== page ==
Avoiding Spare Chemicals
One way is to avoid mixing more than you need if you are diluting things like weed killers or even fertilisers (too much can be as bad as none at all). Have a watering can or jug set aside for mixing such sprays. It’s easier to mix just enough and then some more if you need to do so than to wonder what to do with too much.
This saves the problem of looking for something else to use your mixture on or tipping it on some bare soil where it could cause problems to you later on (or just be plain bad for the soil!).
Disposing of empty containers
Empty pesticide and weedkiller containers which have held concentrated liquids (those requiring dilution before use), should be rinsed three times, adding the washings to the final spray solution. You can then dispose of the containers in your normal household waste bins (yes take them home, no-one wants to inherit a collection of rubbish or buried containers when taking over a new allotment).
Disposing of surplus chemicals
If you buy well this should not be a problem as you will not have surplus material. Buying too much is bad for your purse so you should think about how much you need (and whether you need it) before you buy not how to dispose of it after spending your hard earned money!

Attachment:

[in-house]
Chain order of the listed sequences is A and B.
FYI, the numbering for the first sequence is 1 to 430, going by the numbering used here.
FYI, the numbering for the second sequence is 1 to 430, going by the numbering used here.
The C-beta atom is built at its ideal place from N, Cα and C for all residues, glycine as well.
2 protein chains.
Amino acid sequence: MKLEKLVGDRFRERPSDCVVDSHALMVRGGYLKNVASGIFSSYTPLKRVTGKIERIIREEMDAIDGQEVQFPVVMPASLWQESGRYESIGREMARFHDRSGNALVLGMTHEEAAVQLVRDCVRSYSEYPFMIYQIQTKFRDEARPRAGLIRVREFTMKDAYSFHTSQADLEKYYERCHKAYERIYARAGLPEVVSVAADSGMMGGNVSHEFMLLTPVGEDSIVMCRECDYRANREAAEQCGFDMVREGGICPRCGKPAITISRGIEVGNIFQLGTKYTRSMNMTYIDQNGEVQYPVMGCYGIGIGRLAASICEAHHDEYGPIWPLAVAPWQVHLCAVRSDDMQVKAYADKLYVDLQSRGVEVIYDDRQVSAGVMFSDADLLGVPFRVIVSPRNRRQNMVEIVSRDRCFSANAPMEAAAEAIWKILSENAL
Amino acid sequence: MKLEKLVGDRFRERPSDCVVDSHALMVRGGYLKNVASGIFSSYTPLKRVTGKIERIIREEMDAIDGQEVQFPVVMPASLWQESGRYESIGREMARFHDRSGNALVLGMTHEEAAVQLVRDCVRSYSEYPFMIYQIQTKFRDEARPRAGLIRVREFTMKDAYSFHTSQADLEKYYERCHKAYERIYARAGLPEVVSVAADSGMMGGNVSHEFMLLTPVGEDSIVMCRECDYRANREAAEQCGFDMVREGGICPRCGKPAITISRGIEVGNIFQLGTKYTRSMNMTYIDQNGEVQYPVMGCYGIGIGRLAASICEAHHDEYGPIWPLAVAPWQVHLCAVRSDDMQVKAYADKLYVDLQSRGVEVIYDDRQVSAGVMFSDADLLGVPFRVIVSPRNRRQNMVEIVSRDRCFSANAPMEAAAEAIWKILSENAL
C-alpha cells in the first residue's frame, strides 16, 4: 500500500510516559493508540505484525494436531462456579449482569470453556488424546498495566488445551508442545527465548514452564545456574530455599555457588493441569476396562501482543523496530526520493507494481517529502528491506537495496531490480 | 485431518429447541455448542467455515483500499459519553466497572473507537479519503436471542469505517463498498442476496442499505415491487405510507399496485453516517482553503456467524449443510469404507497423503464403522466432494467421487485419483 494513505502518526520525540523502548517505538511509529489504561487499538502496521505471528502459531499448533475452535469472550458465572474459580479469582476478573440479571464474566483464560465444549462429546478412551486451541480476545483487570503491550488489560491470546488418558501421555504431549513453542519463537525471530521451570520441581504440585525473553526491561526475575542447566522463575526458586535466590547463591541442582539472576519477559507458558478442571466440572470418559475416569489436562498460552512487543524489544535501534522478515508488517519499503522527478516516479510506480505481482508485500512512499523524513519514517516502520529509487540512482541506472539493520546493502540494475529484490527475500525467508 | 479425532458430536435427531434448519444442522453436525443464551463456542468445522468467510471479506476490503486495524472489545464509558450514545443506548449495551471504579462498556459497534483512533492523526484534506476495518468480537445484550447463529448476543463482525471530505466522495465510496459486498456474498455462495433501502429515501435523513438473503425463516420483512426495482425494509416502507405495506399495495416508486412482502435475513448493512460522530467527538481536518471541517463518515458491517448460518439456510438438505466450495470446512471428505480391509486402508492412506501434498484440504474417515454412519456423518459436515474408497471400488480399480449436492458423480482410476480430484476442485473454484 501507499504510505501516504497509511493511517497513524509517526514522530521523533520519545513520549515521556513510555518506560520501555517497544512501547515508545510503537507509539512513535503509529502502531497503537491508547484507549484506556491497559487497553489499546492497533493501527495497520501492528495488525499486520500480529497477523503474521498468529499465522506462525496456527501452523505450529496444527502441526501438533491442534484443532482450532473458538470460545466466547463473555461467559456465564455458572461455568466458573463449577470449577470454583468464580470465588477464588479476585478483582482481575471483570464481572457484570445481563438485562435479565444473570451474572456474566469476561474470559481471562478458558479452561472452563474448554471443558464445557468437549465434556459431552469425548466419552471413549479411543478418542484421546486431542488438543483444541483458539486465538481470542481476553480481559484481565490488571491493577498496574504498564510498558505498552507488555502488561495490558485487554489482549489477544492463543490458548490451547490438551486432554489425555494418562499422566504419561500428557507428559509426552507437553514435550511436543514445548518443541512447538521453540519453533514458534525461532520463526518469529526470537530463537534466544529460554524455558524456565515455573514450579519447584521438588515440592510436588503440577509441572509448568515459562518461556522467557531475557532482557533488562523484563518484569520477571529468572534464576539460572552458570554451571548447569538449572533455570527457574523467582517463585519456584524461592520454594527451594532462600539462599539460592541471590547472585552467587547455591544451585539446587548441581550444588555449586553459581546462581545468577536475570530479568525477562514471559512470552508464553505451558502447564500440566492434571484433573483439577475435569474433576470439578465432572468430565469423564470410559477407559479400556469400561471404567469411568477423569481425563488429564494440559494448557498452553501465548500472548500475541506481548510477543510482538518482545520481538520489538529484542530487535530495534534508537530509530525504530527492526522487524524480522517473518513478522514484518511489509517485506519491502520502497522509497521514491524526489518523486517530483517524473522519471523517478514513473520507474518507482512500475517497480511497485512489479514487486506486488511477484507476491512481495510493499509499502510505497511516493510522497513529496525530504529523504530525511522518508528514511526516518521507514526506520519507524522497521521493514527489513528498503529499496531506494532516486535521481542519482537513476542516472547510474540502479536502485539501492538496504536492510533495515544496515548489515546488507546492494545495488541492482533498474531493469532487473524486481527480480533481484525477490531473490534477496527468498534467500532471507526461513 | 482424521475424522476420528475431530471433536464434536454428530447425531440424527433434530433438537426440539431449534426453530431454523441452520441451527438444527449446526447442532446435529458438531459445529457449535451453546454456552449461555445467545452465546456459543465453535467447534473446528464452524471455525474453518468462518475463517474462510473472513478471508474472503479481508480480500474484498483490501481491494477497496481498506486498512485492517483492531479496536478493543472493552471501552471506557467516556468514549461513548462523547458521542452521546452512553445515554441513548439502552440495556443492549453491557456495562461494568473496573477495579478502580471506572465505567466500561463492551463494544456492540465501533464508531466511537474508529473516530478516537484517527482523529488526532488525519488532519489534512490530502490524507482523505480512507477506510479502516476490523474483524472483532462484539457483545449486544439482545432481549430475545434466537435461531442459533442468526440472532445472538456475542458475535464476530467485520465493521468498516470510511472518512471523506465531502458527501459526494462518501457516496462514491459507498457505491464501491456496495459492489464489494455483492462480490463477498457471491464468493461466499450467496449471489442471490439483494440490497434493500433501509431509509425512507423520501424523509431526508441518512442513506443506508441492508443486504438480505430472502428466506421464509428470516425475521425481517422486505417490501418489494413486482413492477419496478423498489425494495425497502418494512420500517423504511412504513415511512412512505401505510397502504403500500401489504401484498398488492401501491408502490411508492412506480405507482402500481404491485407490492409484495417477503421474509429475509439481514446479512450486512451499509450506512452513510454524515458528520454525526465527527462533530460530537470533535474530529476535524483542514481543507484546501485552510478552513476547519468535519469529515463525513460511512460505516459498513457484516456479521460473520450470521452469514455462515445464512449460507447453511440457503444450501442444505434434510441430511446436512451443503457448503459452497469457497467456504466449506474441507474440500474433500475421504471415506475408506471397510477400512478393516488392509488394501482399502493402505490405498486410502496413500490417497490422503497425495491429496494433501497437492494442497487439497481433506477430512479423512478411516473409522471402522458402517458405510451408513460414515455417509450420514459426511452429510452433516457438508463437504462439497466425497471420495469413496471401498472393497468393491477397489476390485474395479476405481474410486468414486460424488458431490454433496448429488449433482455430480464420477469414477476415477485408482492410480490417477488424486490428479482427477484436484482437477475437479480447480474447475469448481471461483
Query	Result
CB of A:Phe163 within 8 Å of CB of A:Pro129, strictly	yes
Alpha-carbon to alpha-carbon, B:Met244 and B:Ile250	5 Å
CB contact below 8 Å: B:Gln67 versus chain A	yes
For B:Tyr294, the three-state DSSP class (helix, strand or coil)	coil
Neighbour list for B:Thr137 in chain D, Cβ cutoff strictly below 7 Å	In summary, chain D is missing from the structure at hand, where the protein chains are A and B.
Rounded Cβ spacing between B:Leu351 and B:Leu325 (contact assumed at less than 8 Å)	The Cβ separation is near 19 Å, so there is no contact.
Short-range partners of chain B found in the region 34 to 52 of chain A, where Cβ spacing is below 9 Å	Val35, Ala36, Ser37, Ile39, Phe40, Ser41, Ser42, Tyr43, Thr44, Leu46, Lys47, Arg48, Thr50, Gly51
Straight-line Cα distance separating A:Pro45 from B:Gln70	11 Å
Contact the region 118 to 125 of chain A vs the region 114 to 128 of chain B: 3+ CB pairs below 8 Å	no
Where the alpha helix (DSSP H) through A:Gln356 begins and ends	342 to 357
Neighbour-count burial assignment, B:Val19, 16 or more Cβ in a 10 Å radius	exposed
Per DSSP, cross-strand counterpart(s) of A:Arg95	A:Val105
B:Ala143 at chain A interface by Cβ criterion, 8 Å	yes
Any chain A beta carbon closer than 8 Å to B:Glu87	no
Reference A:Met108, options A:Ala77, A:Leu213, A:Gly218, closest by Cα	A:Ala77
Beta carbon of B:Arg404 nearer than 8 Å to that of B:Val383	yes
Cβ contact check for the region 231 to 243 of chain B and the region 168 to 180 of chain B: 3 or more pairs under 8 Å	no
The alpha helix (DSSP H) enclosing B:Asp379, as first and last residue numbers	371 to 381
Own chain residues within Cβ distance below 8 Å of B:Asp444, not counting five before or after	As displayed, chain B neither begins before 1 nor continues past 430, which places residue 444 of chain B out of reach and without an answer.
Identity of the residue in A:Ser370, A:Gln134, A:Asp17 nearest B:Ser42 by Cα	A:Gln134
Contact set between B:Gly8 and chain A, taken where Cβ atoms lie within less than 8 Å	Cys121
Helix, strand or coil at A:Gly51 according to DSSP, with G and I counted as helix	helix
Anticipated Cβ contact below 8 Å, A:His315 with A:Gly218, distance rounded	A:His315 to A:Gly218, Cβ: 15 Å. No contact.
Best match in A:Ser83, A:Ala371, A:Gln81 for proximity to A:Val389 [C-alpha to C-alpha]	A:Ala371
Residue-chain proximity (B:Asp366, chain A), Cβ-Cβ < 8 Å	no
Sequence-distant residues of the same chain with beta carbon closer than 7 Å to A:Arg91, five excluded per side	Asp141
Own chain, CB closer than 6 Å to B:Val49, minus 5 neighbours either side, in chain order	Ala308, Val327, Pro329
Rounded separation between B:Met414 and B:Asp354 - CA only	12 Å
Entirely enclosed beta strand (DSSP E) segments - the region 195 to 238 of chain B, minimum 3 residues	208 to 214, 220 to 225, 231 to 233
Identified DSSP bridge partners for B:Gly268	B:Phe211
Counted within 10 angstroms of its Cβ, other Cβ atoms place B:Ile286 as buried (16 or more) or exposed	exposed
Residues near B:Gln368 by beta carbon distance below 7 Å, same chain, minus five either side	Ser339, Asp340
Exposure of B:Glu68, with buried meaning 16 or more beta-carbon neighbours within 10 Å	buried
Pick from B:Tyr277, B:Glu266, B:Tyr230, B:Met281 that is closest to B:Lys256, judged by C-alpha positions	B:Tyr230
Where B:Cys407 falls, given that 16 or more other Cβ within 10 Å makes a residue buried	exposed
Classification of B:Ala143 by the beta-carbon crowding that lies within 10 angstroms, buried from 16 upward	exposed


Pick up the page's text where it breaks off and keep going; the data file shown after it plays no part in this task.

Never dispose of surplus pesticide or weedkiller down drains or in watercourses as this leads to all sorts of problems somewhere else! If disposal is unavoidable, small quantities should be diluted and sprayed onto permitted plants according to the label instructions.
Disposing of old chemicals
You should never have old chemicals at the end of the season if you have been buying wisely. But there are times when chemicals that gardeners have known and used for years are withdrawn because the dangers of use become better known. If you are really interested there is a long list of withdrawn items on the RHS website. Most of the list shows that the last use dates were quite some years ago and the listed items will be of no useful value on the allotment.
For some thought provoking information on disposing of garden chemicals, this is some thoughtful reading. Just remember how many accidents occur in the home that could be prevented if we thought about our use of chemicals – and about the money that maybe we didn’t need to spend in the first place.
Only buy what you need in the way of chemicals for the allotment and only go down this route if all other methods fail to solve a problem will prevent many a problem and headache in the future.